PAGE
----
Business leaders have called on the new prime minister to urgently tackle the economic crisis as new estimates suggest the looming recession will last longer than forecast.
“Action is needed now,” the British Chambers of Commerce (BCC) warned as it further downgraded its predictions for the year ahead amid “a deteriorating economic outlook.”
High streets have been hit by a slowdown in post-Covid recovery as cost of living pressures have discouraged consumers, figures show.
Total UK footfall was down 12.4 per cent in August compared with the same month three years ago, according to the British Retail Consortium (BRC).
Exceptionally high costs are already hitting consumers and businesses amid rampant inflation.
Alex Veitch, director of policy at the BCC, said those pressures “are only likely to increase as we head towards Christmas, with the UK economy already thought to be in recession”.
He added: “Tackling these pressures must be at the top of the new prime minister’s inbox when they take up their position next week.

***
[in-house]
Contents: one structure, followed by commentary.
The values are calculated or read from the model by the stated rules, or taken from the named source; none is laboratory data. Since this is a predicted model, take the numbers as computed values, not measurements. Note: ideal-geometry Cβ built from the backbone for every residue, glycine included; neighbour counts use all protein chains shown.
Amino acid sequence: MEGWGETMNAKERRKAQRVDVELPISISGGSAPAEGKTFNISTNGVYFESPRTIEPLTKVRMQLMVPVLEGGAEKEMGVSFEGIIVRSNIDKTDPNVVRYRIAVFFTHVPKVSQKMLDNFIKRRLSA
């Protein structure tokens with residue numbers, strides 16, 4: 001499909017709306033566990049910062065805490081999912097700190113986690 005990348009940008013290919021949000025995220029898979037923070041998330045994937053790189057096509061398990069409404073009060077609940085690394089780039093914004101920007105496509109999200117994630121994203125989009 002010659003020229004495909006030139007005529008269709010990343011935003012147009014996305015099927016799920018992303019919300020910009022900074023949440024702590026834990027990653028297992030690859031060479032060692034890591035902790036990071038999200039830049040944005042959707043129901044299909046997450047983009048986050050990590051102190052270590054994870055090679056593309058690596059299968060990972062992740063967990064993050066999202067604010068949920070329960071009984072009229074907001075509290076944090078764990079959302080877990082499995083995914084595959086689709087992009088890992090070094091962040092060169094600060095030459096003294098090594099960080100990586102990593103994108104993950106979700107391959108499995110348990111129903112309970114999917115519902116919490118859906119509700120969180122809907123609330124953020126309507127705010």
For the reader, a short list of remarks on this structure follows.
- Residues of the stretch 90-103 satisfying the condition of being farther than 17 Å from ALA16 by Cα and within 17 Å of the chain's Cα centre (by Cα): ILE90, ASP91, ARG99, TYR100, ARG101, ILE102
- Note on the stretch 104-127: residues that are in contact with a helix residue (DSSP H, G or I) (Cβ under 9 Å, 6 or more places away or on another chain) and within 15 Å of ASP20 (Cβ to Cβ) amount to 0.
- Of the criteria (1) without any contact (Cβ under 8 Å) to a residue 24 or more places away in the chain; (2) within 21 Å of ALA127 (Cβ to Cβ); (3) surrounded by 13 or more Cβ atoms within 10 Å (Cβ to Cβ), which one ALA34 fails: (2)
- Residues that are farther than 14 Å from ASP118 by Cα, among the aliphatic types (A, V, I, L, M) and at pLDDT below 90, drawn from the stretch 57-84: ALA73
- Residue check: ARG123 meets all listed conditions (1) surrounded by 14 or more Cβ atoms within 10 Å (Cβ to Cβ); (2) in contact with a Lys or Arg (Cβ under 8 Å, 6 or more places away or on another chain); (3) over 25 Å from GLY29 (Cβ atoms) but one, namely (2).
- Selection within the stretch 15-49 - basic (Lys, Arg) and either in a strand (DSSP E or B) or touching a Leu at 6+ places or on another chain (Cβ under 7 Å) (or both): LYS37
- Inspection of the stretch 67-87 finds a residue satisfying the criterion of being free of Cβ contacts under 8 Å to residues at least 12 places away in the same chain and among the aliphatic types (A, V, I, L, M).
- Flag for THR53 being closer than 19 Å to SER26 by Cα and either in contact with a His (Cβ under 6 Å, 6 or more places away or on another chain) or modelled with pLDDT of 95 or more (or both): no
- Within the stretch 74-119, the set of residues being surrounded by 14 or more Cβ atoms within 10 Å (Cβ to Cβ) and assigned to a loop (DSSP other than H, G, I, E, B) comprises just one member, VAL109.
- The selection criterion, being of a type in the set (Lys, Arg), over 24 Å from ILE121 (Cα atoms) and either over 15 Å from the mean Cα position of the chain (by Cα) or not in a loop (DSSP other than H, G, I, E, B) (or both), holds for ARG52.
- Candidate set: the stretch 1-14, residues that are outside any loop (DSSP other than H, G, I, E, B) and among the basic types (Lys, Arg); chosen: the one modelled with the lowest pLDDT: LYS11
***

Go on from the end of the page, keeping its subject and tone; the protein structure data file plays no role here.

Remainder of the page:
“We have revised our projected inflation rate upwards by four percentage-points to a new high of 14 per cent. Inflation is running rampant, and it is not only impacting the cost of doing business, but also the ability of some firms to keep their doors open. Action is needed now.”
The BCC downgraded its expectations for UK GDP growth for 2022 to 3.3 per cent (from 3.5 per cent in Q2) and is now forecasting a recession for the UK economy this year, with negative economic growth for three consecutive quarters of Q2, Q3, and Q4 2022.
“Time is fast running out. The government must step up to the plate and do what is needed to protect businesses, livelihoods and jobs,” Mr Veitch added.
Separately, house prices are likely to stall next year as inflation continues to bite and mortgage rates rise, but rental prices will continue to increase despite affordability pressures on tenants, an estate and lettings agent has predicted.
Hamptons said it forecasted that prices would be unchanged in the fourth quarter of 2023 compared with the same period in 2022, with 0 per cent change across Britain.
Sales are expected to be hit next year, with a drop stemming from mortgaged buyers, particularly first-time buyers, according to the forecast.
The estate agent said 2024 could be a “year of recovery” before the Bank of England base rate “returns to its new normal, likely to be around 1.75 per cent”.
It predicts rents will rise by 5 per cent annually in 2023 and in 2024, before the rate of rise slows slightly to 4 per cent in 2025.